Data science anti-pattern: The SQLoppelganger

Data scientists, attention! The time has come to call out one of the egregious anti-patterns of data science.

I call it… the SQLoppelganger. (Pronunciation: skwop-ull-gang-ur.)

Definition: A SQLoppelganger is a database query (or other analytics code) that reproduces business logic that already exists somewhere else.

If you’re writing a query that does the same thing as a function that already exists in someone else’s code, you are SQLoppelganging.

If you’re spending time re-creating a data object that was passed to or returned from a function or API, you are SQLoppelganging.

If you’re modeling the internal state of a client or server from incomplete information, you are almost certainly SQLoppelganging.

Perils of the SQLoppelganger

SQLoppelgangers are mischief makers. They sprinkle mistakes and glitches throughout your analysis. Sometimes these glitches lie dormant for weeks or months before germinating and corrupting your data. (“Wait, why does that dashboard say that metric X dropped by 70% last week?”)

SQLoppelgangers feed on wasted time. They get fat by derailing development timelines---sometimes by a few hours, sometimes by many days.

SQLoppelgangers are also emotional pests. Like ghosts and dogs, SQLoppelgangers sense uncertainty and tension. Beware! They will subtly exploit both to upset the harmony of your organization.

By replicating business logic in different parts of the codebase, SQLoppelgangers break the basic rules of object orientation: loose coupling, separation of concerns, and especially Don’t Repeat Yourself. These are cardinal sins of OOP, clear signals that your code is due for a refactor. Code with duplicated logic is counterintuitive, error prone, and difficult to maintain. It’s “brittle”—and unnecessarily so.

On top of that, the verminous SQLoppelganger carries several nasty secondary problems of its own.

For one thing, the code for SQLoppelgangers is often written in different languages (e.g. python on the server/SQL in the data pipeline), making it extremely difficult to verify that it’s working properly. Unit tests are usually impossible—if you had the data to perform a unit test, you wouldn’t be replicating the business logic.

Second, the code replicated by a SQLoppelganger is usually owned by different teams, which makes it harder to sync up on the latest version of the logic. Priorities and timing might not align; it can take a lot of time, friction, and pain to fix the problem. In the meantime, the data team feels blocked by the server team, and the server team doesn’t understand why the data team can’t just wrap up that analysis.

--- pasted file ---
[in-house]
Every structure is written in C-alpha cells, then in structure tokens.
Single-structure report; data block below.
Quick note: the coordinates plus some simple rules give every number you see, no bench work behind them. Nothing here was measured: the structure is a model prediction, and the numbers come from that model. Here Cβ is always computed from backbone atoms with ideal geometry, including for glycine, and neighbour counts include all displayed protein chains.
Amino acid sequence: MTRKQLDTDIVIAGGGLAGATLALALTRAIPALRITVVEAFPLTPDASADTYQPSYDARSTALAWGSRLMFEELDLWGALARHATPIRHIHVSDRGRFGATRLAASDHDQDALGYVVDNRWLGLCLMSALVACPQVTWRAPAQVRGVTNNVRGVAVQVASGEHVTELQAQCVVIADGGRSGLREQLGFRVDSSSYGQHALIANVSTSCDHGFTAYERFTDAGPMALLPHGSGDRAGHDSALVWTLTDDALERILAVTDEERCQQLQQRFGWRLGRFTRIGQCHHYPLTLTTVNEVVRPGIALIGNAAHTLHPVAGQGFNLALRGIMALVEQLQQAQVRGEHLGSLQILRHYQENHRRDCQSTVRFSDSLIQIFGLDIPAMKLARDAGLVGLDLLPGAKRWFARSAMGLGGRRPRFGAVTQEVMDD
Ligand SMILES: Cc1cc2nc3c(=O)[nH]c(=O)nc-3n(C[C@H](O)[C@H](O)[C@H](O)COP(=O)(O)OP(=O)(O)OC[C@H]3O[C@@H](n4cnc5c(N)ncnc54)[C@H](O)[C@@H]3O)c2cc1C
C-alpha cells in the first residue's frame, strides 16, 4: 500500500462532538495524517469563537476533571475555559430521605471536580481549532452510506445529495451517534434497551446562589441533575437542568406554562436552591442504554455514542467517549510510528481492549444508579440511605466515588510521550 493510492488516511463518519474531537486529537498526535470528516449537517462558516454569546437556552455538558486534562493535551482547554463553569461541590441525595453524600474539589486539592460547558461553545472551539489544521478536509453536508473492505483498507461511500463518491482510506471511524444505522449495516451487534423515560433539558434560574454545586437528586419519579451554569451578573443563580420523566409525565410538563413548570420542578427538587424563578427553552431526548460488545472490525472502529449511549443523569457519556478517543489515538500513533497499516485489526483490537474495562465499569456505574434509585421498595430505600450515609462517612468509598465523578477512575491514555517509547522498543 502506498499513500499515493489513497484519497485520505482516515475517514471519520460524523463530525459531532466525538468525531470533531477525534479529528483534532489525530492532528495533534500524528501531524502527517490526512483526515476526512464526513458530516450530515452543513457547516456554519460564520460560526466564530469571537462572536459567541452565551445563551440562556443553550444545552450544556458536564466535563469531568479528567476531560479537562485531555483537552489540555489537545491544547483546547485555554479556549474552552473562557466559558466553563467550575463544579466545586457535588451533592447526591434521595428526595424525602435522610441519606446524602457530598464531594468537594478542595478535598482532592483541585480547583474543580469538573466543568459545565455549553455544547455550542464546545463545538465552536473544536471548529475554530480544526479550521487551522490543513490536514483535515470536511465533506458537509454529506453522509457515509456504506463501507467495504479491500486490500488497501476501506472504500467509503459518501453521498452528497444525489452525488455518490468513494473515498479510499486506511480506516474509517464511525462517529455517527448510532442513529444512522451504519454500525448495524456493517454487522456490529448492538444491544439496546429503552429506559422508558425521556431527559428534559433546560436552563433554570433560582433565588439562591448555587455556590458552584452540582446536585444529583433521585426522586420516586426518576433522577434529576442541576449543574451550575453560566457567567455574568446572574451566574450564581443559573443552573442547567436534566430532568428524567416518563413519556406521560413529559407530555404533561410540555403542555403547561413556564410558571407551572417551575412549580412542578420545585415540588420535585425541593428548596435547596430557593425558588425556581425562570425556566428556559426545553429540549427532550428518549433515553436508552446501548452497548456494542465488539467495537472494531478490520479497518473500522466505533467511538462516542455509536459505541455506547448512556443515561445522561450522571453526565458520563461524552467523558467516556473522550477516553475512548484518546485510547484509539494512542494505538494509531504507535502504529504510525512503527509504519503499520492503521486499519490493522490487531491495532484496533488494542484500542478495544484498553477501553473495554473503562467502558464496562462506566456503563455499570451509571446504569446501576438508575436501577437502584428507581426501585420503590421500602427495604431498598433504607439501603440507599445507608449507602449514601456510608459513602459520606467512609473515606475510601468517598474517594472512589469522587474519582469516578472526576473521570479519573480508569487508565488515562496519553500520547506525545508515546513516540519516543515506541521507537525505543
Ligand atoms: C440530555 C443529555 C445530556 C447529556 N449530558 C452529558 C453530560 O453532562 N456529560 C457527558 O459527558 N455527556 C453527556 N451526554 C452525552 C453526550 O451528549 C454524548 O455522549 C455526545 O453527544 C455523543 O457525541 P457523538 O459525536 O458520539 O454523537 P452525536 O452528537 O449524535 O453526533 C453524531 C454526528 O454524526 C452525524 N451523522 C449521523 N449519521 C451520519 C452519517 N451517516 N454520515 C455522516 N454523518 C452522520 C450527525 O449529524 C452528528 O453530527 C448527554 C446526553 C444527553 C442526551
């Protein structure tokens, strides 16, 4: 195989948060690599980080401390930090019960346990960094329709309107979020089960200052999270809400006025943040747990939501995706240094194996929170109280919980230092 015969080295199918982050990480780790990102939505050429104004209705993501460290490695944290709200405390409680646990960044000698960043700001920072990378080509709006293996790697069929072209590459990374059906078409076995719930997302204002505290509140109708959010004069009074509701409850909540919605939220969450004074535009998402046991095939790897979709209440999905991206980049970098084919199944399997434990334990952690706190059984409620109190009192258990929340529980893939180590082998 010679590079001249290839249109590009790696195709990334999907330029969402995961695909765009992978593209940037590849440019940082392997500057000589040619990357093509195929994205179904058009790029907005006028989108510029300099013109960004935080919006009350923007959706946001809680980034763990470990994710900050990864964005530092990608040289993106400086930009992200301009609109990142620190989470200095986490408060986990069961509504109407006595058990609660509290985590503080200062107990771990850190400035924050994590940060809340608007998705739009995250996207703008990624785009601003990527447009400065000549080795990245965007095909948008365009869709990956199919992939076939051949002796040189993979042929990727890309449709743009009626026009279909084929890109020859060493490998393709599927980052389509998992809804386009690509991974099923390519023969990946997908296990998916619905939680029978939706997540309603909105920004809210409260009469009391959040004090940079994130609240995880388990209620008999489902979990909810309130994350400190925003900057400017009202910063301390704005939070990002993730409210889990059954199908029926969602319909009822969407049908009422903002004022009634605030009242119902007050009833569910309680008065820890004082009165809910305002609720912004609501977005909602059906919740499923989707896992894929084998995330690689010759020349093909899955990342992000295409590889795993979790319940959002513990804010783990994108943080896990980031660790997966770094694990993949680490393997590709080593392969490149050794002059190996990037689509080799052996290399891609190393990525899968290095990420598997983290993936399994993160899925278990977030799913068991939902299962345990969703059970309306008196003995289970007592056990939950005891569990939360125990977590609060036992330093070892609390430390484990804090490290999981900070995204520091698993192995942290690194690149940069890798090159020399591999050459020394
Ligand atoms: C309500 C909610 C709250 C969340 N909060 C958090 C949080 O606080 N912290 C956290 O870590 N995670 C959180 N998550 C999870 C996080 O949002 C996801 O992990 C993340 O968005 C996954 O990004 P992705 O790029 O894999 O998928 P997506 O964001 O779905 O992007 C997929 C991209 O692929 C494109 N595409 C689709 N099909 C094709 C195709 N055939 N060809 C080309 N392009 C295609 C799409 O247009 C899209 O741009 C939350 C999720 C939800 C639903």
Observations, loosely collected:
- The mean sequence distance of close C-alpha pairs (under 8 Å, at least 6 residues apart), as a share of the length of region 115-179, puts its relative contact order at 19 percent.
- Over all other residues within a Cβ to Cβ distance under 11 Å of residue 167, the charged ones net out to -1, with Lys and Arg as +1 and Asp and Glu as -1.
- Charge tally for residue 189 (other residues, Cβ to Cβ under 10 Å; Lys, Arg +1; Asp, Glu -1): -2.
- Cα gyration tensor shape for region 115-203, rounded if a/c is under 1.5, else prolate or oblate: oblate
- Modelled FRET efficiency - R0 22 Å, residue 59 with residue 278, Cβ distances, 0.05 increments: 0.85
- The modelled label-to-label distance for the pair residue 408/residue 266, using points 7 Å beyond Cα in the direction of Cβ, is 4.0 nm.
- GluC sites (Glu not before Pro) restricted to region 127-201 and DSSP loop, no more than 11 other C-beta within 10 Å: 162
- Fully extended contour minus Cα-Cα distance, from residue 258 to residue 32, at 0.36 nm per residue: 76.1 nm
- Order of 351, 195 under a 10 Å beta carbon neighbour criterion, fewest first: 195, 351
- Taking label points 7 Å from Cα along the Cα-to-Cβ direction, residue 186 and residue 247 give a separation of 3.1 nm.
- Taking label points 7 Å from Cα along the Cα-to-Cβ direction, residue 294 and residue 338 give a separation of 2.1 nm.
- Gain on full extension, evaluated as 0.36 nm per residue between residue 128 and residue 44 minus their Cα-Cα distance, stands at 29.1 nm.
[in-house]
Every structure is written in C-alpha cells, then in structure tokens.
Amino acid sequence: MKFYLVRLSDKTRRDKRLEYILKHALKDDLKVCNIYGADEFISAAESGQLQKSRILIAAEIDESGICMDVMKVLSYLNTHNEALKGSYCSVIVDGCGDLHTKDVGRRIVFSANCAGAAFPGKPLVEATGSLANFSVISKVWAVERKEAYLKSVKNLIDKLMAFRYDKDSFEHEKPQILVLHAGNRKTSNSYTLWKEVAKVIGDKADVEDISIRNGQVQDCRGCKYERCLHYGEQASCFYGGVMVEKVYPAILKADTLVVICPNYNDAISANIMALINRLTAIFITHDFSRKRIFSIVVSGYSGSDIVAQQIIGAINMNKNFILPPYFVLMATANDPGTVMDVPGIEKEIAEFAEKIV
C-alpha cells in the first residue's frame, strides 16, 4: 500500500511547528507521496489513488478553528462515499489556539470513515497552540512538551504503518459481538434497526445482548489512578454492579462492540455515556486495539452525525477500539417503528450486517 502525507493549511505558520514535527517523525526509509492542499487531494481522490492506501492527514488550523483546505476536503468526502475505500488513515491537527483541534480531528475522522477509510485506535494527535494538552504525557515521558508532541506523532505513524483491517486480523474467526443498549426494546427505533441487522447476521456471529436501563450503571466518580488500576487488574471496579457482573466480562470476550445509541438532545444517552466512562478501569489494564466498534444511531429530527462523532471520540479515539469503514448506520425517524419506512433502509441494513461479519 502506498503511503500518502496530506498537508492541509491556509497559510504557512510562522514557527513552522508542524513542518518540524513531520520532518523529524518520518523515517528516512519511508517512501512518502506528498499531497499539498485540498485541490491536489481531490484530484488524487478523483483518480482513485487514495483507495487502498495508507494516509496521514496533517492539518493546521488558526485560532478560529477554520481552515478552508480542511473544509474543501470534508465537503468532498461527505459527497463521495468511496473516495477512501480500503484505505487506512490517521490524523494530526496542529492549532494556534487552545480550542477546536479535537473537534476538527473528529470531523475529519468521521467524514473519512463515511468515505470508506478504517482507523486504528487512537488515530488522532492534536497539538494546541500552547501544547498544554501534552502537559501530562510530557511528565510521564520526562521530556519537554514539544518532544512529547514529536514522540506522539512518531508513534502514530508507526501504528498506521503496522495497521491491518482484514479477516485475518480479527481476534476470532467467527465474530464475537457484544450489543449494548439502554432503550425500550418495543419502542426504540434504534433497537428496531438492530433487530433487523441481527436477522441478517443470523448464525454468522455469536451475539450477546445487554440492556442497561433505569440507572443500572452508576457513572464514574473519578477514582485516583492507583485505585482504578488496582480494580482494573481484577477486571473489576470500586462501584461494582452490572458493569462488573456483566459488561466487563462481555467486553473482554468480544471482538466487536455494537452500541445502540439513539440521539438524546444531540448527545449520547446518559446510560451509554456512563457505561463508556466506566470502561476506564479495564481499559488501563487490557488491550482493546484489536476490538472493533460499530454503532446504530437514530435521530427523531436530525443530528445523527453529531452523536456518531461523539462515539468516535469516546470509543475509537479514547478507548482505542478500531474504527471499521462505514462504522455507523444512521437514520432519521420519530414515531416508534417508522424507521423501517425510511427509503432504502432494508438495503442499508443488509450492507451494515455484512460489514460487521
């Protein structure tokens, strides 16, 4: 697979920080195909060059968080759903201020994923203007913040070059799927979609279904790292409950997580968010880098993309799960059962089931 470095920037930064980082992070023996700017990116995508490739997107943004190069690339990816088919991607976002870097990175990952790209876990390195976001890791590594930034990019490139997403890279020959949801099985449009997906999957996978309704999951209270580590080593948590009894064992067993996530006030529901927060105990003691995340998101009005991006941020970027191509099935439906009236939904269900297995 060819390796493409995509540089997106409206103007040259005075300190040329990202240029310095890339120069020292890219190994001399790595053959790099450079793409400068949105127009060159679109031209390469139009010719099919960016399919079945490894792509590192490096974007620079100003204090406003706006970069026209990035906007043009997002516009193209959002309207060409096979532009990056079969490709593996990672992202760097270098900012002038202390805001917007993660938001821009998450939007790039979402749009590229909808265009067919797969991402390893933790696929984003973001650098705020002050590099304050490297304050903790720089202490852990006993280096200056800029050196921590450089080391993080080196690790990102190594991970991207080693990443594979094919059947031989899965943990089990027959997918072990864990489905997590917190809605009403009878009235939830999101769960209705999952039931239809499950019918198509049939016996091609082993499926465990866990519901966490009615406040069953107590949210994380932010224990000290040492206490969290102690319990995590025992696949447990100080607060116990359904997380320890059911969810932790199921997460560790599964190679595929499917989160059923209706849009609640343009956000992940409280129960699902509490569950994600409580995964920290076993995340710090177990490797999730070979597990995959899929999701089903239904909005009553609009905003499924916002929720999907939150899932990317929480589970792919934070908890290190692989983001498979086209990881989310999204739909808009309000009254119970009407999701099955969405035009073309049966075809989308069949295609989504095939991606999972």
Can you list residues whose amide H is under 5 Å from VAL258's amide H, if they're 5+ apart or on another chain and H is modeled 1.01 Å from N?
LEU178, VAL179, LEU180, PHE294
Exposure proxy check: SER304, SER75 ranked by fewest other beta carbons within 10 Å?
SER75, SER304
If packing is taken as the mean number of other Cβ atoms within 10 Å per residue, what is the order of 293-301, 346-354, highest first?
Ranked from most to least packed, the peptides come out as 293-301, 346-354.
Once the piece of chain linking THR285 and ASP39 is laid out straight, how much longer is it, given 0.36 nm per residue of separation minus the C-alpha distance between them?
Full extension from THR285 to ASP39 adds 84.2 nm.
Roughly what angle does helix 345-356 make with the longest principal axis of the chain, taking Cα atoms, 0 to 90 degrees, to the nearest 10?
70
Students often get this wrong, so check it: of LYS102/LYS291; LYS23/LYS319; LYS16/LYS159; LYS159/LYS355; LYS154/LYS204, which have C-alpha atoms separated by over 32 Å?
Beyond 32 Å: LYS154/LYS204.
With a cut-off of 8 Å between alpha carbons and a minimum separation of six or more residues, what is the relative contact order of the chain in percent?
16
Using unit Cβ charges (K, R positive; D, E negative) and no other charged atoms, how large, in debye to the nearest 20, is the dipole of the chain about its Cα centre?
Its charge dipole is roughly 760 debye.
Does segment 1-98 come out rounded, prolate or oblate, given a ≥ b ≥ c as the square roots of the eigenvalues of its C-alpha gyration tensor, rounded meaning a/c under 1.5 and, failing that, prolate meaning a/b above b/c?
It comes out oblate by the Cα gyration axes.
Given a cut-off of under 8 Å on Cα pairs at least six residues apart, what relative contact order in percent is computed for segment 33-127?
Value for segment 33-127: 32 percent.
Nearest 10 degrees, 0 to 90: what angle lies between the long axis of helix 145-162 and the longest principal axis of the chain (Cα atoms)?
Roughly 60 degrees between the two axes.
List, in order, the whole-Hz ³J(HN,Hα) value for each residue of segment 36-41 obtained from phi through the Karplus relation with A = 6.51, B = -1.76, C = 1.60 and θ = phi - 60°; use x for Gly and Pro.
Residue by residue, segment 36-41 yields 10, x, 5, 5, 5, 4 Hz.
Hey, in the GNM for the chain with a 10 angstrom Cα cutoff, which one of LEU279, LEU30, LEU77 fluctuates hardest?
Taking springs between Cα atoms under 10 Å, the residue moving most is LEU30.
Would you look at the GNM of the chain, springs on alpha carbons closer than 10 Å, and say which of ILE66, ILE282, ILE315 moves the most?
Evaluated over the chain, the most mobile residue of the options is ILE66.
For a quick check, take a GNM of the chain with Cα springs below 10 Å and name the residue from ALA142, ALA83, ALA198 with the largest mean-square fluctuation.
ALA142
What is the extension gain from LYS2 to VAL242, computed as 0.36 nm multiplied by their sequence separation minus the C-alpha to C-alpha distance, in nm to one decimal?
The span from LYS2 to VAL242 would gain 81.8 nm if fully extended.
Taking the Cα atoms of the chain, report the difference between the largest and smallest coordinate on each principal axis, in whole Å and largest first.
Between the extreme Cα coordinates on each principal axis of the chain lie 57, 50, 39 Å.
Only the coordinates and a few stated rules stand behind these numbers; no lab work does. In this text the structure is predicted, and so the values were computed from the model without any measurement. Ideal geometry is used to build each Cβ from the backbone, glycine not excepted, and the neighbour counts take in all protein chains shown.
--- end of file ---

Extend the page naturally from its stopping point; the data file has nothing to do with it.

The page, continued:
Third, for data products that must be aware of history (e.g. a dashboard comparing year-over-year KPIs), SQLoppelgangers must be maintained indefinitely.

Avoiding SQLoppelgangers isn't a matter of style or taste. It’s just good practice.

In just a moment, we’ll talk about how to squash SQLoppelgangers. First, it’s worth taking a moment understanding where they come from.

The SQLoppelganger’s habitat

Small SQLoppelgangers are part of any normal agile ecosystem. If you’re building new stuff and learning on the fly, there will be times when your data is incomplete and/or awkwardly formatted.

The good news is that—like alligators—small SQLoppelgangers are not dangerous. They can often be banished with a quick “sure, let me add that field to the table/json object/logfile.” Sometimes, for special one-time queries, it’s best just to feed the beast and move on. (“Um, that merge key doesn’t exist, but I can get around it by JOINing through this other table. Give me five more minutes.”)

However, SQLoppelgangers tend to grow over time, until wrestling them can become a nightmare. I’ve seen organizations where data teams spend the majority of their time reverse-engineering non-transparent business logic. (Ask me some time about the Michigan REP.) Huge time sink, huge morale-killer, huge drag on your capacity to turn data into awesome.